'When I was young it was seen as dirty, dangerous and perverted': The story of a trans woman who went from mechanical engineer to foster carer

Rona Howard/supplied

It’s LGBT+ Adoption and Fostering week, and record numbers of LGBT+ people are considering becoming a parent to a vulnerable child.

In fact, according to New Family Social, a UK network for LGBT+ adoptive and foster families, one in eight adoptions in Wales, and one in ten adoptions in England, were to same-sex couples in 2017.

There is still a deficit however, and more than 7,000 foster carers are still needed across the UK.

Teresa Heritage, Cabinet Member for Children’s Services at Hertfordshire County Council, said:

Anyone, who can provide a loving, nurturing and secure environment for children to grow and thrive, can apply to be a foster carer or adopter. We know from experience that LGBT+ potential parents or carers are enthusiastic about considering if they can add to their family by choosing to adopt or foster a child in need.

As a local authority, we encourage people from all backgrounds and communities to foster with us and we are urging our local LGBT+ community to come and speak to us about the options available.

Rona Howard is a transgender woman who has been a foster carer in Hertfordshire for 15 years. She has fostered eight children on a long term basis.

Speaking to indy100, she wants to share her positive experiences with fostering so that others can see that being a member of the LGBT+ community is not a barrier to helping children in need.

Can you tell us about when you decided you were going to foster children?

When I transitioned from male to female, I wanted to change my lifestyle. I was a mechanical engineer and decided I wanted to make a difference to the lives of other people; I wanted to give something back.

I applied and was approved to be a foster carer more than 15 years ago and I have fostered 8 children on a long term basis since then.

What are your experiences with the foster care system as a transgender person?

From the time I applied to be a foster carer to the present day, I have always been treated the same as anyone else. Many LGBT+ people wrongly assume that they may face barriers to fostering as a consequence of their sexual identity so they don’t try.

But I have never had any bad experiences, only support.

The fostering team at Hertfordshire County Council were welcoming, friendly, open and very supportive throughout the process. I was concerned at first as I don’t have any children of my own. But the fantastic training I received as a foster carer helped me immensely.


If I needed help to handle a situation or discuss how to approach challenging behaviour… help was a phone call away.

Young people don’t realise it but I leave a little bit of me in every one of them.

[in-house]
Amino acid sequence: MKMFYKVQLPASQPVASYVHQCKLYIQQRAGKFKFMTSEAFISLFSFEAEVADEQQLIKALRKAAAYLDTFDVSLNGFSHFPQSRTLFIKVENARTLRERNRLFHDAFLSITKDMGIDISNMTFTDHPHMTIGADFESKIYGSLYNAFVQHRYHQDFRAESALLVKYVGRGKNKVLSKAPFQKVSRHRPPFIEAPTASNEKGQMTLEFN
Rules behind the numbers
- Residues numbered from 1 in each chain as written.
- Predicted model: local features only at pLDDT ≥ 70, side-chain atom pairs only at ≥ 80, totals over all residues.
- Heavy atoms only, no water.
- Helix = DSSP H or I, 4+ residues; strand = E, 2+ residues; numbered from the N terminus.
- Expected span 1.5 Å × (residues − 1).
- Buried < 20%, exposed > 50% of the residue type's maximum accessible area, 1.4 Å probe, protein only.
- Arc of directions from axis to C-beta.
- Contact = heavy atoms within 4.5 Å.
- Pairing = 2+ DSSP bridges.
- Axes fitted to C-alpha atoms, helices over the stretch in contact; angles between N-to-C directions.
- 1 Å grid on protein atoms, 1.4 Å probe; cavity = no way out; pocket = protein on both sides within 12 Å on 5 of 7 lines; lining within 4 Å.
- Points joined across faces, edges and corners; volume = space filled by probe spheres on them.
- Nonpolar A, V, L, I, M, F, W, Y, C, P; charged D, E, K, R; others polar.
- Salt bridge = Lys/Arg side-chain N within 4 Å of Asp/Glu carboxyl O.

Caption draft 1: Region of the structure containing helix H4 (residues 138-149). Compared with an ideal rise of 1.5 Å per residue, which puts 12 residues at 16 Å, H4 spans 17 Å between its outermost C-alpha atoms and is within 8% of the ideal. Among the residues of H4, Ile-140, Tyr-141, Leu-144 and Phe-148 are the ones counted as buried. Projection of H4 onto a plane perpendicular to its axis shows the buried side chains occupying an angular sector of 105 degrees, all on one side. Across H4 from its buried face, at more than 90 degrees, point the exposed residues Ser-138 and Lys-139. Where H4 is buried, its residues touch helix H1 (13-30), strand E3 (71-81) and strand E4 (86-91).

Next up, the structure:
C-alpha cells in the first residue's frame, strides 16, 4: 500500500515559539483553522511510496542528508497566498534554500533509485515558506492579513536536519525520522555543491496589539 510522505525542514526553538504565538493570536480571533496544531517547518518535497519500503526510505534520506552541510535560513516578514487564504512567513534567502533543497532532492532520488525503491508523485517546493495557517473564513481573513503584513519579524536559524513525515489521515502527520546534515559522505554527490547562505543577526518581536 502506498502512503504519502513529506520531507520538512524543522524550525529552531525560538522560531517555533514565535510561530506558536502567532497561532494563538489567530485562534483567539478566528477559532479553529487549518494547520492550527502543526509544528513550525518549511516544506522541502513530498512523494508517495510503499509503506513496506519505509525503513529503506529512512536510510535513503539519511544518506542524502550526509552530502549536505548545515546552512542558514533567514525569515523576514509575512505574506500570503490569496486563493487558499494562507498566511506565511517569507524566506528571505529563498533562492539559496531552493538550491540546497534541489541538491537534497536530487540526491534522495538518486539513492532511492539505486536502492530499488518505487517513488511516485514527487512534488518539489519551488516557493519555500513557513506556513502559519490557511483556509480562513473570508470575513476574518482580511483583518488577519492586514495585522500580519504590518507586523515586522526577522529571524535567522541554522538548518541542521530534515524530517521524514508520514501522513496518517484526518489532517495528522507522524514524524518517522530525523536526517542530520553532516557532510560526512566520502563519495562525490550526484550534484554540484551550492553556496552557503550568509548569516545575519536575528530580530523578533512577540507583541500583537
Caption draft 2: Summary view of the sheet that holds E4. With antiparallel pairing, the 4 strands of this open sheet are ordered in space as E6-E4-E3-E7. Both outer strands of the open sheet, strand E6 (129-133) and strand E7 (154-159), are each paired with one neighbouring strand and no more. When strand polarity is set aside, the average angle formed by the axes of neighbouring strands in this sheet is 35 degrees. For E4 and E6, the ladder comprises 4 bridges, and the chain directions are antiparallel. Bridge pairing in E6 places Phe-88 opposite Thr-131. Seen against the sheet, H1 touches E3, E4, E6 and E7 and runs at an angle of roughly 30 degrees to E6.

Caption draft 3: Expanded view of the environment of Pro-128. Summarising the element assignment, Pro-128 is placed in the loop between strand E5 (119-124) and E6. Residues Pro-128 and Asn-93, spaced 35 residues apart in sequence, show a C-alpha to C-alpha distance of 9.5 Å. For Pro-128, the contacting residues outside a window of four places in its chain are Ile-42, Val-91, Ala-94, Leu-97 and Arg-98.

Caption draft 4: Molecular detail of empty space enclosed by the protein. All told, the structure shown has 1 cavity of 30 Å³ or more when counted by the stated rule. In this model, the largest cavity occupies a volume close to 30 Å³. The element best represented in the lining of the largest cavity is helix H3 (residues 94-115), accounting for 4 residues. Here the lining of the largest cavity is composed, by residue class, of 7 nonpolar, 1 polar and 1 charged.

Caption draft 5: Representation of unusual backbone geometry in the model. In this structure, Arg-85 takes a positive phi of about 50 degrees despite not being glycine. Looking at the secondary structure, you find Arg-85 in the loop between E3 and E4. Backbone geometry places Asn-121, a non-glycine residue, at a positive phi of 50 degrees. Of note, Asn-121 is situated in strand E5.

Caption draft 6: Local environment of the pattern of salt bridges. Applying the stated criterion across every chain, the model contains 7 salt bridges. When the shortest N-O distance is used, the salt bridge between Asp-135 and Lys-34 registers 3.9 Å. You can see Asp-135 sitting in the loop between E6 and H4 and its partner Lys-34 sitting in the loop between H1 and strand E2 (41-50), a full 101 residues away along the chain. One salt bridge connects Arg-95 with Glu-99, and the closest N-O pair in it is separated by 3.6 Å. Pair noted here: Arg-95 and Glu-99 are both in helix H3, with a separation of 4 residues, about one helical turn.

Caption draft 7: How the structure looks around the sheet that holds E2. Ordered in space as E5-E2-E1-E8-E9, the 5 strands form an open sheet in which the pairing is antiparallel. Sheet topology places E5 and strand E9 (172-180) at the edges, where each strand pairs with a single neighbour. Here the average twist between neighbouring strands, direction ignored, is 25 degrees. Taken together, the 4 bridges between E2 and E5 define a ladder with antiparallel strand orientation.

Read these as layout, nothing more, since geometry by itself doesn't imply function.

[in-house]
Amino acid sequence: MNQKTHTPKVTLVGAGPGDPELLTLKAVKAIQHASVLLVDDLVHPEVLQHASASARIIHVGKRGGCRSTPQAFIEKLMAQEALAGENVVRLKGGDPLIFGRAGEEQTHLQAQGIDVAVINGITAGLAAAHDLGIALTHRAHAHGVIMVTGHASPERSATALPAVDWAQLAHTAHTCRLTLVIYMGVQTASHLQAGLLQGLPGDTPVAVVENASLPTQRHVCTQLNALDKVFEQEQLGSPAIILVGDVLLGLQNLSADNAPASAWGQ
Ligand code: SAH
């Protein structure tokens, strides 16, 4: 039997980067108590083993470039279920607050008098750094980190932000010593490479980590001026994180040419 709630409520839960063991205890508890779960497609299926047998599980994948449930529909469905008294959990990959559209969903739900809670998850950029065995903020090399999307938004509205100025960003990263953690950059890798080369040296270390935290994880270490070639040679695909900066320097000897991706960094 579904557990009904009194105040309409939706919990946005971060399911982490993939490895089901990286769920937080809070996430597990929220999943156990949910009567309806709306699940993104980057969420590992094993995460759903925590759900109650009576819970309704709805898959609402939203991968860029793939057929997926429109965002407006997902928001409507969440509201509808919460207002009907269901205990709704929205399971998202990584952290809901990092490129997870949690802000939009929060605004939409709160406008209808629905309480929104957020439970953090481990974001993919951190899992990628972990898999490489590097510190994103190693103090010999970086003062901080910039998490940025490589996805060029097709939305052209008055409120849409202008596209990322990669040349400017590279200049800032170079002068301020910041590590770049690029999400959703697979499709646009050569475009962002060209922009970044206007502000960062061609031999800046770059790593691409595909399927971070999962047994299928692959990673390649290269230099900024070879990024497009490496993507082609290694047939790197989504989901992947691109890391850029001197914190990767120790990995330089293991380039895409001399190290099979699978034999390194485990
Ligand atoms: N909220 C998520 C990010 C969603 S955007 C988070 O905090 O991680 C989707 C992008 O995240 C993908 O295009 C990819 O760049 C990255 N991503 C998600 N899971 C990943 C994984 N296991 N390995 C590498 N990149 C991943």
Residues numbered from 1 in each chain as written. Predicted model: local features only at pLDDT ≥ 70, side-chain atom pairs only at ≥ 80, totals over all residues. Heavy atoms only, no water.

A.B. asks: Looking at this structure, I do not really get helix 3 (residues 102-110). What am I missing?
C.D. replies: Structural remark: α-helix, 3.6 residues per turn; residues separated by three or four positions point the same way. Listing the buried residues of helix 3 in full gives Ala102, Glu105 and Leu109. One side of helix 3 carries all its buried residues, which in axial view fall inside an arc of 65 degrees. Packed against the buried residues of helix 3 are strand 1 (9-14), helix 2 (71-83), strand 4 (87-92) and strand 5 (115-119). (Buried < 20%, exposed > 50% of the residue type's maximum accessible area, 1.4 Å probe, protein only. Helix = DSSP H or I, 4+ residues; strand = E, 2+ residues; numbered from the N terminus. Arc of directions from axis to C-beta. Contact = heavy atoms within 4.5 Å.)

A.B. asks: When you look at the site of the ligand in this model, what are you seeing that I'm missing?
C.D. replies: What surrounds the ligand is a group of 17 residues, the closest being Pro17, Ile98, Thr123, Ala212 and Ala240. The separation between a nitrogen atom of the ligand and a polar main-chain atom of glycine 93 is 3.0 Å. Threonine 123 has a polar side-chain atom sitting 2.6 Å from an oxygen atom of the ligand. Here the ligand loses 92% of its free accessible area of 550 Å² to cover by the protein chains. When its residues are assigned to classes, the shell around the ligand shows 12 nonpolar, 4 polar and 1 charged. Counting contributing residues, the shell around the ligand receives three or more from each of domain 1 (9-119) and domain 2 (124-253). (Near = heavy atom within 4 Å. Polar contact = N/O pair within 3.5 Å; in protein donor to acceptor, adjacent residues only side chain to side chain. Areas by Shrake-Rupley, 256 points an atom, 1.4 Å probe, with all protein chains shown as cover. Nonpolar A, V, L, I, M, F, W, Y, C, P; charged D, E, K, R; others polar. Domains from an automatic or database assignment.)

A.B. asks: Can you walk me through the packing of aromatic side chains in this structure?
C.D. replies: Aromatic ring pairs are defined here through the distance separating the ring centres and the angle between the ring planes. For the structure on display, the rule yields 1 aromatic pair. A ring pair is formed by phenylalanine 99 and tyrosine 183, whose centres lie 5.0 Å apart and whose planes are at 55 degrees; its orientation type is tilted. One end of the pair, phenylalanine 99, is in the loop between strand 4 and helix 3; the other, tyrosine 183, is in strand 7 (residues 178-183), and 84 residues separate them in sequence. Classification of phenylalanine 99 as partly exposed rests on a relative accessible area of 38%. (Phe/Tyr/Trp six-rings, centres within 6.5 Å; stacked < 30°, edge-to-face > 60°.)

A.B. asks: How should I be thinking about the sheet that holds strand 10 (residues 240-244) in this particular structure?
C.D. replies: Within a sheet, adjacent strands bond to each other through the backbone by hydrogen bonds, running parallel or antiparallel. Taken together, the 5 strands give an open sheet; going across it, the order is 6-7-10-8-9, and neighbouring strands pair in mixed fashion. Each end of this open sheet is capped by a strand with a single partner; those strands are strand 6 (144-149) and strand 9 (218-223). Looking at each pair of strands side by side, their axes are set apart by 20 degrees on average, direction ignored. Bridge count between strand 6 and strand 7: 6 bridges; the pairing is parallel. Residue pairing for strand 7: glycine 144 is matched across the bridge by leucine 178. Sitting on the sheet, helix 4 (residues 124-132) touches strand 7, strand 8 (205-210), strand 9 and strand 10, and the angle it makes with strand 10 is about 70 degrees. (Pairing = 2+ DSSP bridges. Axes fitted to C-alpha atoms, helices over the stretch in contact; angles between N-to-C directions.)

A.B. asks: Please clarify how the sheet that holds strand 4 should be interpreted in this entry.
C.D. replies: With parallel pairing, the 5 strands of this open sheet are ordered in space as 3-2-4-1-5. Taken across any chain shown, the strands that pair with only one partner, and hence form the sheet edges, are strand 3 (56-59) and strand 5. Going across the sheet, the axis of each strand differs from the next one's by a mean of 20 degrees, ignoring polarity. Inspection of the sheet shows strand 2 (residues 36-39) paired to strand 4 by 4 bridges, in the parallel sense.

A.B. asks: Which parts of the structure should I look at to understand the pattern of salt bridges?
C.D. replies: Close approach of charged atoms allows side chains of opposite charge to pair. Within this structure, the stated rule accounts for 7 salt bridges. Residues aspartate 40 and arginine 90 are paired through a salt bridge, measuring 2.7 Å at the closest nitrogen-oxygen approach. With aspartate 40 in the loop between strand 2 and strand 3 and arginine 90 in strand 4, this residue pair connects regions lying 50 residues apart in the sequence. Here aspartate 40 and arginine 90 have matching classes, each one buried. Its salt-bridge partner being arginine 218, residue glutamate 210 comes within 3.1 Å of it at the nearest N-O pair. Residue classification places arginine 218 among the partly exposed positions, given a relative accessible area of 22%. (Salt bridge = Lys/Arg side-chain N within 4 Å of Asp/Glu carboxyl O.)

What sort of challenges did you face specifically related to being transgender?

I am quite open about who and what I am because I don’t suffer any prejudice. So I always let the young people that live with me know about me. The reason behind that is I don’t need to worry if someone knows or not.

I find that if someone likes you, being transgender is not an issue.

How have you navigated conversations with the children you have fostered about the topic of your being transgender?

One of my young ones was worried about his friends finding out about him being in care and living with me. When I spoke to the person he was worried about, their reaction was so natural and mature that it overwhelmed me.

They said: 'Oh everyone knows but that’s not a problem.'

You’ve been fostering for 15 years – that’s a long time. In what ways do you think young people’s notions of transgender people have changed? What was it like then and what’s it like now?


In the past 15 years, I have seen transgender people being recognised as normal people with a gender issue, not a sex problem. One of the best things is that gender dysphoria is recognised earlier and not suppressed.

There are so many support groups where people can feel comfortable talking with like-minded people.

As a foster carer, my experience has been that the modern teenager is so open and accepting. Many of my foster children became protective of me and I am still in touch with some of them, even after they have become independent and gone on to lead their own lives.

What were your experiences growing up as a transgender child? How did you overcome struggles, if you had any, and what sort of advice would you give young people who are seeking support?

Over my lifetime attitudes towards the LGBT+ community have changed so much. It was always pushed underground and because of that it was seen as dirty dangerous and perverted.

When I was young, I was told that it could not happen and that I had to keep quiet about my feelings. It was hard keeping something that was so power-full locked up inside of me.

Things are different now.

There is more acceptance and awareness now and there is plenty of help available so young people don’t need to hide their identity.

In what ways do you think negative coverage of transgender people affects Transgender youth?

Negative coverage can make young people more insular. Transgender people are as varied and individual as anyone else in society.

It is important that there is factual information and not biased information.

There are 900 children and young people in care in Hertfordshire.

If you’re interested in fostering in Herefordshire there’s lots of help available on the website.

You can also call the recruitment team on 0800 917 0925 to find out more.

More: This gender neutral model just made history

More: We asked 14 trans activists how cis people can be better allies in 2018

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